The bee's complex wing positions create steady and unsteady lift forces.

Introduction

The act of hovering in mid-air involves a series of complex wing movements.  Bees hover in a slightly upright position, and their wing movement involves a forward and rearward wing stroke.  This motion is similar to how humans tread water by moving their arms forward and backwards to help maintain buoyancy.  The bee’s full stroke consists of three areas: mid-stroke, rearward-stroke, and forward-stroke, each contributing specific lift characteristics.

The Strategy

 

At mid-stroke, the bee’s wing resembles an airplane wing reaching with steady-state aerodynamic forces develop at the front edge of the wing.  An airplane wing must maintain less than 9-degree angle of attack (a wing’s orientation relative to the direction of motion) to prevent stall (turbulent air interrupting lift).  The bee wing angle of attack, however, averages between 41.1 – 50.5 degrees. To prevent stall, a vortex (a swirl of air) moving along the bee’s wing from the abdomen delays the onset of turbulent air at higher angles of attack.

At the end of both the rearward and forward strokes, the bee’s wing rotates along its lengthwise axis to orient the leading edge into the new direction of wing travel.  This rotation resembles how a human with hands stretched out to their side, rotates their hands from palms up to palms down. This rotation at stroke reversal creates three different lift forces to enhance the overall lift: rotational, acceleration, and wake capture.  Additionally, at the rearward stroke when both wings can almost touch, a jet of air shoots out to enhance thrust and creates a low-pressure zone that jump starts lift forces during the forward stroke.

During low-load hovering, the bee’s wing operates within a forward-to-rearward stroke range of 90 degrees at around 230 Hz.  This stroke range creates an imaginary plane called the stroke plane. To move forward and in reverse, the stroke plane is tilted forward or rearward similarly to how helicopters fly. The bee’s indirect flight muscles are tuned for this higher 230 Hz frequency, which is atypical of other insects.  To increase the bee’s speed or its ability to carry a heavy pollen load, the wings maintain a 230 Hz stroke frequency by increasing the forward-to-rearward stroke range beyond 90 degrees. At a maximum stroke, the bee can fly at 3/4 mph.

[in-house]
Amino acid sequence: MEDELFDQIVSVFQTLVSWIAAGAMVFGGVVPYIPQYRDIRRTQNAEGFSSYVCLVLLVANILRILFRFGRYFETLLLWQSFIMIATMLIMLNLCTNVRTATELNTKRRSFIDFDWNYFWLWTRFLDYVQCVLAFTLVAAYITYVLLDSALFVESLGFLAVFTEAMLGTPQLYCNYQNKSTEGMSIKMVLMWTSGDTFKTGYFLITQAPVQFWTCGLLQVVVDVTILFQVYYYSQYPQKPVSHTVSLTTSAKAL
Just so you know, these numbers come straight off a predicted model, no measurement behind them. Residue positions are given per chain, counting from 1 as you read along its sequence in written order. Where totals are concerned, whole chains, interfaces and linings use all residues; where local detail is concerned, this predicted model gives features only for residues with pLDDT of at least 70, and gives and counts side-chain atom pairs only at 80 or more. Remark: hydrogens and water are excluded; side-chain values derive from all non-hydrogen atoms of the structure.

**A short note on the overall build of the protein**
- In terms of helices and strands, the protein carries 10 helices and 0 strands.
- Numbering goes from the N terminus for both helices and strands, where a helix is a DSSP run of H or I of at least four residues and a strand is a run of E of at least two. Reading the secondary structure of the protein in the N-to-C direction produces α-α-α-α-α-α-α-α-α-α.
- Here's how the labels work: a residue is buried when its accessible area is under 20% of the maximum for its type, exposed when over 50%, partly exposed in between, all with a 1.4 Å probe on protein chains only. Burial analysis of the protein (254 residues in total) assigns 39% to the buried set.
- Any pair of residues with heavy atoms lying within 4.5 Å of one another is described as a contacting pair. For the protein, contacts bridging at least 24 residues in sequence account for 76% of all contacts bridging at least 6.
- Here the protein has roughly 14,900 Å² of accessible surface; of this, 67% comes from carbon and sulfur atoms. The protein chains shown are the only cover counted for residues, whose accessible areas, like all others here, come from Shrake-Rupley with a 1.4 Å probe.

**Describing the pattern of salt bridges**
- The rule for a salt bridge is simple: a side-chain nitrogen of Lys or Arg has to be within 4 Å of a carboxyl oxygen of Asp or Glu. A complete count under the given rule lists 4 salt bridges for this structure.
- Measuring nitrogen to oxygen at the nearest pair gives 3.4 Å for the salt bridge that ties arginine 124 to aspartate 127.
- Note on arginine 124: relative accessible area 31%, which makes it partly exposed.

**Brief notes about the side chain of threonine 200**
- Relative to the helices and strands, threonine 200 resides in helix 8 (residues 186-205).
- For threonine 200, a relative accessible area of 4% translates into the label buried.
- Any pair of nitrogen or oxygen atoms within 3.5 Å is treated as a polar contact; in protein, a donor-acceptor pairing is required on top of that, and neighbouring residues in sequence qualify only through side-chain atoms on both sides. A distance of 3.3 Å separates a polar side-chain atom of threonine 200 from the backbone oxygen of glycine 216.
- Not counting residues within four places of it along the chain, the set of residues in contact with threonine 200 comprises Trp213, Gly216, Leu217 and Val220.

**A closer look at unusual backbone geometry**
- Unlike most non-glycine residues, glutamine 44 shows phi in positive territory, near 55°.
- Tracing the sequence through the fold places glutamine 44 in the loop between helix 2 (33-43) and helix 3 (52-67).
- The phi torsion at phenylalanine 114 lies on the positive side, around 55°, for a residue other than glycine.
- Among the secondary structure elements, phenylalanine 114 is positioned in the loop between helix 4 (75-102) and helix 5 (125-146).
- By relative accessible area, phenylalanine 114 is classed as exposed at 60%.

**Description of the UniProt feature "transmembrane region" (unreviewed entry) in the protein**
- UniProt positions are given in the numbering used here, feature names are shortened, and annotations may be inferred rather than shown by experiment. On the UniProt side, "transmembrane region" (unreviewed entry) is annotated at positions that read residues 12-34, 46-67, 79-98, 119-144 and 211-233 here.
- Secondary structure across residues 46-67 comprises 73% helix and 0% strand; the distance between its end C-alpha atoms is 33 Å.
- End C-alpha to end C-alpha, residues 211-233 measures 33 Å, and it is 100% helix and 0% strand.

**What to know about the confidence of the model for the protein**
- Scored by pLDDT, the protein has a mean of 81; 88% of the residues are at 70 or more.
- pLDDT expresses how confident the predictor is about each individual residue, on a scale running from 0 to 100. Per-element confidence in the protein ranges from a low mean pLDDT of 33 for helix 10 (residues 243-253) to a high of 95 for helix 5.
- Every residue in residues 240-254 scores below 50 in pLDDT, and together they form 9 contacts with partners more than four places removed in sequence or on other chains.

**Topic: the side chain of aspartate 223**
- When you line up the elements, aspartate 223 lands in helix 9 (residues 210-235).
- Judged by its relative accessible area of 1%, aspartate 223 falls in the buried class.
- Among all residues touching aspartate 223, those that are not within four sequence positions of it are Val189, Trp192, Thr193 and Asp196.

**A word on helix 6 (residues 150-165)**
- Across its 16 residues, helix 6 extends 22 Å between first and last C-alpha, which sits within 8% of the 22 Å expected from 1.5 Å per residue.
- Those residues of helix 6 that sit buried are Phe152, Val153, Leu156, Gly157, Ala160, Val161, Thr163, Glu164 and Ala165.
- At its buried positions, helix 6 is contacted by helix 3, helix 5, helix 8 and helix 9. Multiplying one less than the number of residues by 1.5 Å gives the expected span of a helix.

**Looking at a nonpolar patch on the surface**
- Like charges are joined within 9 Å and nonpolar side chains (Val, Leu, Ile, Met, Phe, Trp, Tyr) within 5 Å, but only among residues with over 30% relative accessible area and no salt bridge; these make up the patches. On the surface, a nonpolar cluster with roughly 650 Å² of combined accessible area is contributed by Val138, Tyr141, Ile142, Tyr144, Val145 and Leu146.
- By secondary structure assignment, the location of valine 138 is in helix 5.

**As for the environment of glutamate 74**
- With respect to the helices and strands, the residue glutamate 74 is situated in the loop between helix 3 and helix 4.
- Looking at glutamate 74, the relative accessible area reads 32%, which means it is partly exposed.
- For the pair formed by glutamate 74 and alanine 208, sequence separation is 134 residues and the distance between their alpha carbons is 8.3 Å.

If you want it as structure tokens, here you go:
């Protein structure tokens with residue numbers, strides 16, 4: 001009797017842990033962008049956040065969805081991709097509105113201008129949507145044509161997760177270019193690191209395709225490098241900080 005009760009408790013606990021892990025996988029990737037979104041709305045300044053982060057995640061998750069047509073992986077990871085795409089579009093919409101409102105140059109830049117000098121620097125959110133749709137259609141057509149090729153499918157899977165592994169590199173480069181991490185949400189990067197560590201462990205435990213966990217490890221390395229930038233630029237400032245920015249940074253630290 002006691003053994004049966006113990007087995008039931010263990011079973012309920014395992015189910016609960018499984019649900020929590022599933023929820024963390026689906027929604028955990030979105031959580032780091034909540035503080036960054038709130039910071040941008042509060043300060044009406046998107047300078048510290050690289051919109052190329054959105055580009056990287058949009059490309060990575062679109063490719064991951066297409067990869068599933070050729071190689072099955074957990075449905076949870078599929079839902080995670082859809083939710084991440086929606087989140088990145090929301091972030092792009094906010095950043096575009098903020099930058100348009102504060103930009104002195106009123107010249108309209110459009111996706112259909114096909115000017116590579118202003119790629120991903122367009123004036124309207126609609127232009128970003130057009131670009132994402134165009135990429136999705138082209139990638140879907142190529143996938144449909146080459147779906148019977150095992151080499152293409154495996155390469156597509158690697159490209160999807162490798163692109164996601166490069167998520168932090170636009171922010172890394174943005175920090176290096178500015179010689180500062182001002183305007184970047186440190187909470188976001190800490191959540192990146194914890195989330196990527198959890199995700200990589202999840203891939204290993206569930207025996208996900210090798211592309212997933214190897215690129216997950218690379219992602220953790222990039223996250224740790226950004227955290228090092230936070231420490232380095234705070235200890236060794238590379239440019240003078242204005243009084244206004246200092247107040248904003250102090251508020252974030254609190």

The Potential

The flapping wings of bees represent a completely different approach to powered flight than human propellers, jet engines, or helicopter blades. It allows hovering and precision turning in ways we are currently unable to match. While still seemingly impractical for heavier objects, the rapid flapping holds much potential for applications that could increase the precision, coordination, and efficiency of ultra lightweight aerial machines like drones.

Image: Andrew Mandemaker / Wikimedia Commons / CC BY SA ‑ Creative Commons Attribution + ShareAlike

When not in motion, bee wings partially fold to avoid other movements.

Image: Luc Viatour / Wikimedia Commons / CC BY SA ‑ Creative Commons Attribution + ShareAlike

When landing on a flower to sip nectar, the design and function of their wings allows bees to position themselves precisely and stop their motion near‑instantly.

Image: Waugsberg / Wikimedia Commons / CC BY SA ‑ Creative Commons Attribution + ShareAlike

Bee wing physics also allow stationary hover, which in turn allows precisely coordinated interactions with other bees mid‑air.

Image: Fritz Geller‑Grimm / Wikimedia Commons / CC BY SA ‑ Creative Commons Attribution + ShareAlike

Even burdened by the added weight of accumulated pollen on her legs, a honeybee is able to conduct precision takeoffs and landings with her delicate but powerful wing morphology.

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Last Updated July 5, 2019